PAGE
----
A spatial light modulator array based on a reflective liquid crystal which may have 2048 by 2048 pixels has been described. The array comprises a plurality of liquid crystal devices positioned over respective mirrors on a dielectric layer on a semiconductor substrate, a plurality of electrical circuits formed in the semiconductor substrate for placing a voltage across the liquid crystal device to modulate light passing therethrough, and a reflector/absorber layer positioned and patterned with respect to the mirrors for shielding or blocking light from passing into the semiconductor substrate containing the electrical circuits, the reflector/absorber layer having an edge overlapping an edge of the mirror to form an overlapping region to decrease ambient light from passing into the semiconductor substrate and to provide a capacitor for maintaining a voltage on the mirror which functions as the bottom electrode of the respective liquid crystal device.
A six mask process (after Si device processing) has been described using standard semiconductor manufacturing tools to fabricate the spatial light modulator array 10 shown in FIG. 1. Spatial light modulator 10 as described meets the following requirements: 1) shielding the Si from the incident light, 2) high optical throughput and contrast, 3) pixel storage capacitance, and 4) precise control of the liquid crystal cell thickness without spacers obscuring the mirrors. The pixel size of a spatial light modulator in the array may be 15.6 μm on a side or more using the process flow described in FIGS. 5-10 or smaller pixels with the more advanced process described in FIGS. 12-17.
While there has been described and illustrated a spatial light modulator array containing liquid crystal devices, electrical circuits, an electrode/mirror and a reflector/absorber layer to block light from interfering with the electrical circuits, it will be apparent to those skilled in the art that modifications and variations are possible without deviating from the broad scope of the invention which shall be limited solely by the scope of the claims appended hereto.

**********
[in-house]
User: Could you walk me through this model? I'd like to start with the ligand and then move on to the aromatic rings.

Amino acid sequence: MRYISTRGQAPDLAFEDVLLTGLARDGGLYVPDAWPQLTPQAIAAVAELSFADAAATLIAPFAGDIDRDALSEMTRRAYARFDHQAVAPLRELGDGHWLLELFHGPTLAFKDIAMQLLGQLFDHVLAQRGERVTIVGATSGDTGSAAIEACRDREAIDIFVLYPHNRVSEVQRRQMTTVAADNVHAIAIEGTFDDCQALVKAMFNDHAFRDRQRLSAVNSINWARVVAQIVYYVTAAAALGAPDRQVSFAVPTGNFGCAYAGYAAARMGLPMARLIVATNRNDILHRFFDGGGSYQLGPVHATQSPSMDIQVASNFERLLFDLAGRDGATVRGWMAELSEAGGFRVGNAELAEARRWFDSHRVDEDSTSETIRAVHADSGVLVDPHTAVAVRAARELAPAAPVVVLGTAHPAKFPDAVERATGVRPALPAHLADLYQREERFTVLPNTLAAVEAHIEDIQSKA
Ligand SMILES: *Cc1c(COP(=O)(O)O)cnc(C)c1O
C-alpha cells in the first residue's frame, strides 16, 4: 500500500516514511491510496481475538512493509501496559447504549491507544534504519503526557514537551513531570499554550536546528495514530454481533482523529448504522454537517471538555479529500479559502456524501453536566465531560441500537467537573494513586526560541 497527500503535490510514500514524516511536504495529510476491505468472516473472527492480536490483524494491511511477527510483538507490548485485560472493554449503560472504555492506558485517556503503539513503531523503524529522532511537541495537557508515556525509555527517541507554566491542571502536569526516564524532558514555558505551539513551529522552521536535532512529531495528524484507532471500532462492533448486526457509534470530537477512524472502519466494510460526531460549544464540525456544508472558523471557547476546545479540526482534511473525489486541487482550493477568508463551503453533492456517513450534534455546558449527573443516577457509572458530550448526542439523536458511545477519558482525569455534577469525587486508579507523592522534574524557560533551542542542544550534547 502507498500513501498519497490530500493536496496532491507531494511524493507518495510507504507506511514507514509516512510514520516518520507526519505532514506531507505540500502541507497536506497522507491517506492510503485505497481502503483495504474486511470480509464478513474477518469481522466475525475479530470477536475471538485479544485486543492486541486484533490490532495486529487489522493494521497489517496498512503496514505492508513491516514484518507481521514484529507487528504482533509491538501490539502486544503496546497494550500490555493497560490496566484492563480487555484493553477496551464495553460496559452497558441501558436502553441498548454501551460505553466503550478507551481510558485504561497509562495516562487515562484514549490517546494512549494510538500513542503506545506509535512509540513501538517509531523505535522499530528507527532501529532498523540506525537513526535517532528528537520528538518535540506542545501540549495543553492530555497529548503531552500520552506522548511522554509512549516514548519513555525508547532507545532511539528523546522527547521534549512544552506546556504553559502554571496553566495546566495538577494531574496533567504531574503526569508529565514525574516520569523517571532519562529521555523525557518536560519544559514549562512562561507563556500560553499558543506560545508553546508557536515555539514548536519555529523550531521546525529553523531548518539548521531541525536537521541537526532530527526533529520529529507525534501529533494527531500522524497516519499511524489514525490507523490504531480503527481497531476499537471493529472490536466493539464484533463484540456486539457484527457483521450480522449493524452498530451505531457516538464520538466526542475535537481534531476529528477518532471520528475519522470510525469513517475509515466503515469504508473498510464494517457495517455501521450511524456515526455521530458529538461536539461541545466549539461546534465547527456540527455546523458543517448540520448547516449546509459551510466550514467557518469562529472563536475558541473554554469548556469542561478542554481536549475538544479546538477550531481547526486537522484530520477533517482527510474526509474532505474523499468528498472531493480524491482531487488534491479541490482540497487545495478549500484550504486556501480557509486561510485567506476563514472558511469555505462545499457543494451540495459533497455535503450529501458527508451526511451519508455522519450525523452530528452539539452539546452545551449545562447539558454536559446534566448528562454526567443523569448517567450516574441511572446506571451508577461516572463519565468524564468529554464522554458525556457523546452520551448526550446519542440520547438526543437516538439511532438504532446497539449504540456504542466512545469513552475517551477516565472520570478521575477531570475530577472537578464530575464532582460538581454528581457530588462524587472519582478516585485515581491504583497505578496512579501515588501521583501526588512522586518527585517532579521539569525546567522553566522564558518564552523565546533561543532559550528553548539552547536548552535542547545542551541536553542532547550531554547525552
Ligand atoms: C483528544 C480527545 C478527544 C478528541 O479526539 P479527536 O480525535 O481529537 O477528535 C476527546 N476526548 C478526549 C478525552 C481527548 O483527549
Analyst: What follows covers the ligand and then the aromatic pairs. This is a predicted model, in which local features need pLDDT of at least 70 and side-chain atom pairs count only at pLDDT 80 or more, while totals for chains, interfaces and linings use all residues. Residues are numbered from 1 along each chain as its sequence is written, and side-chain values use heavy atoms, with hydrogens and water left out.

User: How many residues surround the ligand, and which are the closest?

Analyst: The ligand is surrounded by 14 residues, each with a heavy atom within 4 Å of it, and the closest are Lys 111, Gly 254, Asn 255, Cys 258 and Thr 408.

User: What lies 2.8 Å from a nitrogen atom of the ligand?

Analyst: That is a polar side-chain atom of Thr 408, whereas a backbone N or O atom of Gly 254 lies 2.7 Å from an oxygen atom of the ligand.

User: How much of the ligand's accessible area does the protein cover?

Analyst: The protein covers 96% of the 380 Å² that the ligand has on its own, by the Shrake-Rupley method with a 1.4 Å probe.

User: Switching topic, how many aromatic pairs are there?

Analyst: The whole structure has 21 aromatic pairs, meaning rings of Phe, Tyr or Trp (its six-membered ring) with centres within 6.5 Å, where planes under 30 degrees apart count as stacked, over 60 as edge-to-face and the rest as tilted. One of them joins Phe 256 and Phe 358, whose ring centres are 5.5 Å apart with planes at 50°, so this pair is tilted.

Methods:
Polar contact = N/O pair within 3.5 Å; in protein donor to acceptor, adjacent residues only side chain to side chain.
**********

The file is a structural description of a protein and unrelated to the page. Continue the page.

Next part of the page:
These and other features, objects, and advantages of the present invention will become apparent upon consideration of the following detailed description of the invention when read in conjunction with the drawing in which:
FIG. 1 is a cross section view of one embodiment of the invention.
FIG. 2 is a graph of the reflectivity versus heat treatment for an aluminum mirror of various thicknesses.
FIG. 3 is a graph of the reflectivity versus annealing temperature for aluminum and for an aluminum (0.5 wt. % copper) alloy.
FIG. 4 is a graph of the reflectivity versus optical test structures C1, OP2, and OP3.
FIGS. 5-10 are cross section views after selected processing steps for building the embodiment shown in FIG. 1.
FIG. 11 is a scanning electron micrograph top view of the structure shown in FIG. 10.
FIGS. 12-17 are cross section views after various processing steps for fabricating an alternate embodiment of the invention.